If you’ve already cut down on calories as much as you can go—don’t worry about these next few tips. However, if you feel like you have to work out for longer and longer periods of time without results this is your next step.

Move to eating 5 to 6 small meals a day. Small doesn’t mean unsatisfying—you shouldn’t feel hungry after you’re done eating. How I do it is I have my 3 main meals—breakfast, lunch, and dinner—then a healthy but hearty snack between each meal and a very light small one after dinner. Sometimes I skip the snack after dinner if it was later than usual.

This can also help you keep a large variety of food in your diet. I enjoy food and eating, so this is a very good method to help me keep my portion sizes small. I’m much more inclined to eat less if I know I’ll just be eating again in 2 to 3 hours.

Just FYI, cutting down my portion sizes and eating more meals each day was mainly what got me over my last 10 pounds and I’ve never gained them back. Another thing that helped me get over that last little bit of weight was adding strength training back to my workouts.

Add a little strength to your workout:
I too used to think strength training would bulk me up. In fact, I thought it had bulked me up in the past. In my younger years I played several sports competitively and put in a lot of time with the free weights and weight lifting machines.

Although I was working out more than at any other time in my life, I weighed the most through this period than at any other time and was holding on to at least 15 extra pounds. I thought this was because of all the weight lifting and pushups my coaches made me do. It turns out the culprit was actually diet—I was simply eating too much.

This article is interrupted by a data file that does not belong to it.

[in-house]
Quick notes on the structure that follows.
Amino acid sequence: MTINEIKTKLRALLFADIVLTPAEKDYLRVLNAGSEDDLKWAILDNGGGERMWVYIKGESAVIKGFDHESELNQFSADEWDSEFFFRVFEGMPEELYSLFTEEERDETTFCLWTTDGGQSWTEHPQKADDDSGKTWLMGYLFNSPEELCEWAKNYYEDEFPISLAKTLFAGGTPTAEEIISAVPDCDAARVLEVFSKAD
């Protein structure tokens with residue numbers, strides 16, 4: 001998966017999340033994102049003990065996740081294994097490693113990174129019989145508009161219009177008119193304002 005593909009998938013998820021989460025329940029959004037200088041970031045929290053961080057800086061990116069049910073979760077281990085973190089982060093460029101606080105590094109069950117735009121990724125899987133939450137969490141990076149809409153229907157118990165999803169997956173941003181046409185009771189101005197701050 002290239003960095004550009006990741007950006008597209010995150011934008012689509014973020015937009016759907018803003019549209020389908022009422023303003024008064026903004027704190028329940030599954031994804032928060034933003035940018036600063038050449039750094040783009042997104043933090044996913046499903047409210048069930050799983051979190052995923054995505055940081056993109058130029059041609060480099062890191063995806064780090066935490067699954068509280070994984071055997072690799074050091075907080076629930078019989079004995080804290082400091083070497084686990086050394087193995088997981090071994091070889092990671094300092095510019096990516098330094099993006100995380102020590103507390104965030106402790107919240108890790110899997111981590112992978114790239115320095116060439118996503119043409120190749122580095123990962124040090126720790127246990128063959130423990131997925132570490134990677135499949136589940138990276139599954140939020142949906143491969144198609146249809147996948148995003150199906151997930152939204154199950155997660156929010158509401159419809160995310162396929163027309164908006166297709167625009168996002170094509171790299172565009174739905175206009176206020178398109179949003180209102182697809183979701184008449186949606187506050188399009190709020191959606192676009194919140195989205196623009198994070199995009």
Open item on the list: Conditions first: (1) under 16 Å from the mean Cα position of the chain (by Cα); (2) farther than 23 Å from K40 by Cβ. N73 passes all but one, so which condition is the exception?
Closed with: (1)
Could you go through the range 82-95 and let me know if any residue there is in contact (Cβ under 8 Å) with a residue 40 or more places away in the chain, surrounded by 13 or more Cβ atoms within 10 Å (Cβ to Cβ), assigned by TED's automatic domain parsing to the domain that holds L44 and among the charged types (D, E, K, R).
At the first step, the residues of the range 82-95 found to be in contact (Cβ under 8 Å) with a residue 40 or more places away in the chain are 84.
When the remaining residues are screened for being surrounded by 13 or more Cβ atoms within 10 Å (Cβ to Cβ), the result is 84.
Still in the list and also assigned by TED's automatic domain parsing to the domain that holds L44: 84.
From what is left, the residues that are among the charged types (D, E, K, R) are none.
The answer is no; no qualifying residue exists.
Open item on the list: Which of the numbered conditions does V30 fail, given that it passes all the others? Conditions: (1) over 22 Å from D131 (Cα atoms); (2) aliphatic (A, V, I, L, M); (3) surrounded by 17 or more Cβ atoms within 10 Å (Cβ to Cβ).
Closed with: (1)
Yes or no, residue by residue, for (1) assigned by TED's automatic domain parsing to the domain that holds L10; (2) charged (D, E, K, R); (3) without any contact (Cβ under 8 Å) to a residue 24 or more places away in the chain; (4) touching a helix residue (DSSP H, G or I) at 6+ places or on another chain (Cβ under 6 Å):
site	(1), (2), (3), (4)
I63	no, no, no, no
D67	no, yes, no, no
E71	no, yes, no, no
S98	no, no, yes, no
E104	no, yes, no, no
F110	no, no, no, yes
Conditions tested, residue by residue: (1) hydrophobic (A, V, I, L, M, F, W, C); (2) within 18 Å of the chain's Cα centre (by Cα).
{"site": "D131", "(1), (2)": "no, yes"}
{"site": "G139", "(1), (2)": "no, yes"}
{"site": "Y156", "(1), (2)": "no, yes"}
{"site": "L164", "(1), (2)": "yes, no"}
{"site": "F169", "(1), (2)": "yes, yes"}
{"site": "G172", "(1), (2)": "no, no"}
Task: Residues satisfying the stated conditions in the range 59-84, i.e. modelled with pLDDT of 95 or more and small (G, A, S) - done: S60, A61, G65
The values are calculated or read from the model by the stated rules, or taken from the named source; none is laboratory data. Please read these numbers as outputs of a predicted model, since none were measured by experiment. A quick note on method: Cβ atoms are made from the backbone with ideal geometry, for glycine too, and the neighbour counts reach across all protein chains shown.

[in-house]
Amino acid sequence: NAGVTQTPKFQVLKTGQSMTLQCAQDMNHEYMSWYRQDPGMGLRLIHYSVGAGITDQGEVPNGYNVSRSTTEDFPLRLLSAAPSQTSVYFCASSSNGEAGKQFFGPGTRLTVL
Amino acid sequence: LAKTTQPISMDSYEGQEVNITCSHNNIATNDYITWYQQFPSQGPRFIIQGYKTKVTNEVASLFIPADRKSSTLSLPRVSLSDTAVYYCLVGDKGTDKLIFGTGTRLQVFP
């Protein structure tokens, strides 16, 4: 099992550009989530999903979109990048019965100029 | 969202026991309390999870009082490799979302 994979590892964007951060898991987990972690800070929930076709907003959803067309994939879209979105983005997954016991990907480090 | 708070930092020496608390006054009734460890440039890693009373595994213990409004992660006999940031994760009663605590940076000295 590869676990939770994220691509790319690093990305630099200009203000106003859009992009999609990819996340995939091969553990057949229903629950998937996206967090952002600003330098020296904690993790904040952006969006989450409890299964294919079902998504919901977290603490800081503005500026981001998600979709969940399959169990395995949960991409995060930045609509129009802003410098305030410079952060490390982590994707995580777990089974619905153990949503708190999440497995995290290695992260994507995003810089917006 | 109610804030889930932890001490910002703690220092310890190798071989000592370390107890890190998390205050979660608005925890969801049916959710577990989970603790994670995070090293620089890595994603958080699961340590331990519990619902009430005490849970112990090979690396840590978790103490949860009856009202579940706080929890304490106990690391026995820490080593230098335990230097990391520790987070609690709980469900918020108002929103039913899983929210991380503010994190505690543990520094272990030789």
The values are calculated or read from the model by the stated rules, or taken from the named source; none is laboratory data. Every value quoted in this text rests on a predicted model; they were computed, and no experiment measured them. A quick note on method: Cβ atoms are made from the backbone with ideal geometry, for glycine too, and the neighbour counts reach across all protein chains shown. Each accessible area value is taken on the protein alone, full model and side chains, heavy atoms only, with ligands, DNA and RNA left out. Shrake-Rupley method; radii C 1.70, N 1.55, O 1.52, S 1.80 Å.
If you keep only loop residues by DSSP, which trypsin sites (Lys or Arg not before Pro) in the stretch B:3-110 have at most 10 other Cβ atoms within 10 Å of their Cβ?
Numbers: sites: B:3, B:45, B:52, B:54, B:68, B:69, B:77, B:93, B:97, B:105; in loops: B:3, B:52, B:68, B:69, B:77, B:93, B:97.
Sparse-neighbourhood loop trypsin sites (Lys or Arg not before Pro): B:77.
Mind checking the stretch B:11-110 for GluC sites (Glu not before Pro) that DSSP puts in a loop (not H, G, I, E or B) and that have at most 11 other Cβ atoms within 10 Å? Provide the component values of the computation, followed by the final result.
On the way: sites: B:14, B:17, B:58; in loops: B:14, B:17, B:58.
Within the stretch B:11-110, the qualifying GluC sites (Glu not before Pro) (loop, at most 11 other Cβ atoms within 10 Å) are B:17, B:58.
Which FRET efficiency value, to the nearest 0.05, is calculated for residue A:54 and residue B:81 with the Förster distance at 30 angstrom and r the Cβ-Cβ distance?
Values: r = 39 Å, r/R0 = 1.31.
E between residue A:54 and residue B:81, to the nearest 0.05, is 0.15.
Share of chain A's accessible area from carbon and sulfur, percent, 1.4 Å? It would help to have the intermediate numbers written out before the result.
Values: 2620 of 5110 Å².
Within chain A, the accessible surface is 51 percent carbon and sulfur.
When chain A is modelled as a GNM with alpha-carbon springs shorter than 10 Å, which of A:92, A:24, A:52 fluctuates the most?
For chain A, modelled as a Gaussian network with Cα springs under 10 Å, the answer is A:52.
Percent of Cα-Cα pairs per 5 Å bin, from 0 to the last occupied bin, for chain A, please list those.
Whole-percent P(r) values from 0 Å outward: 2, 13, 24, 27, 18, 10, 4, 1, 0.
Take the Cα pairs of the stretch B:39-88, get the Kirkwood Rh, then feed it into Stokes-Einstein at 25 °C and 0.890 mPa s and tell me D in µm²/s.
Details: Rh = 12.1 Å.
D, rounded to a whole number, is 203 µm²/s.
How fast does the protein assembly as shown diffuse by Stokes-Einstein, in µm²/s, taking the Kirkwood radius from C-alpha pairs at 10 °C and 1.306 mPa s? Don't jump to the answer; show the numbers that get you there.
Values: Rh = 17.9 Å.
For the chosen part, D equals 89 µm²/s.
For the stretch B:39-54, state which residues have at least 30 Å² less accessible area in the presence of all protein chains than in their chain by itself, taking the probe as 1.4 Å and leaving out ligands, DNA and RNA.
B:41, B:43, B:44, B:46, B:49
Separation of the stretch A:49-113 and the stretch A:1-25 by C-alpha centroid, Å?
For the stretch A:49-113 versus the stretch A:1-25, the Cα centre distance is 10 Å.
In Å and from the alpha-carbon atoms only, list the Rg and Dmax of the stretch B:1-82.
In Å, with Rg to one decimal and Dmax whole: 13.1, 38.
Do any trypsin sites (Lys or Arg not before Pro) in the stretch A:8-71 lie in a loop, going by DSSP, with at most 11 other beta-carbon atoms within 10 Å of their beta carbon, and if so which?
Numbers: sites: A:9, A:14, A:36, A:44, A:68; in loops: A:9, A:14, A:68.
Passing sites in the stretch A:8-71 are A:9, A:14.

Now, since I’ve added strength training back, I’ve noticed I not only weigh a little less—I look better in my clothes. The biggest difference was in my waistline.

If you don’t like lifting weights at the gym—and who can blame you—don’t worry. You can do some fantastic strength training at home. All you really need are some resistance bands (these take little or no space to store—put them in your sock drawer) and a pilates ball. (It might also be called an exercise ball—they’re all pretty much the same.) I like a 24-inch ball. You may want a little bigger than that—probably don’t go smaller.

Resistance bands come in different intensities. I like a good medium intensity band because I like to do a lot of reps. Doing a lot of reps at moderate intensity (as opposed to fewer reps with higher intensity) helps keep muscles lean and long. That’s one reason sprinters are super muscular and long distance runners are longer and leaner. I use bands to mainly work my arms and back but you can use them for almost any part of your body.

Use the ball for sit ups (front and sides), thigh presses (squeeze the ball between your thighs), planks (resting your body weight on the ball with your forearms and your legs straight out behind you with your toes on the ground), reverse sit ups (with your feet against a wall, lay your abdomen/hips on the ball and lift your head toward the ceiling), the list goes on and on.

Still going nowhere? Think about this:
If you are absolutely stuck, reassess your weight loss goal. Think more of inches than pounds. Pounds don’t necessarily tell you if you’re losing fat—inches do. If you lost lots of inches but still haven’t reached the poundage you desire, your ideal weight may not be important for your health or fitness.

Keep in mind that muscle weighs more than fat. If you’re replacing fat with muscle—first of all, good for you—but you need to keep in mind that even though you’re smaller, you could weigh more than your initial goal. I’m not saying give up your goal. Just redefine it. Instead of worrying about pounds, worry about a dress size that works for your body type.

Keep in mind that your build (body frame size) will also determine what size you wear—regardless of how small you get. Some hips just won’t fit a size 0. I say be grateful for those curves.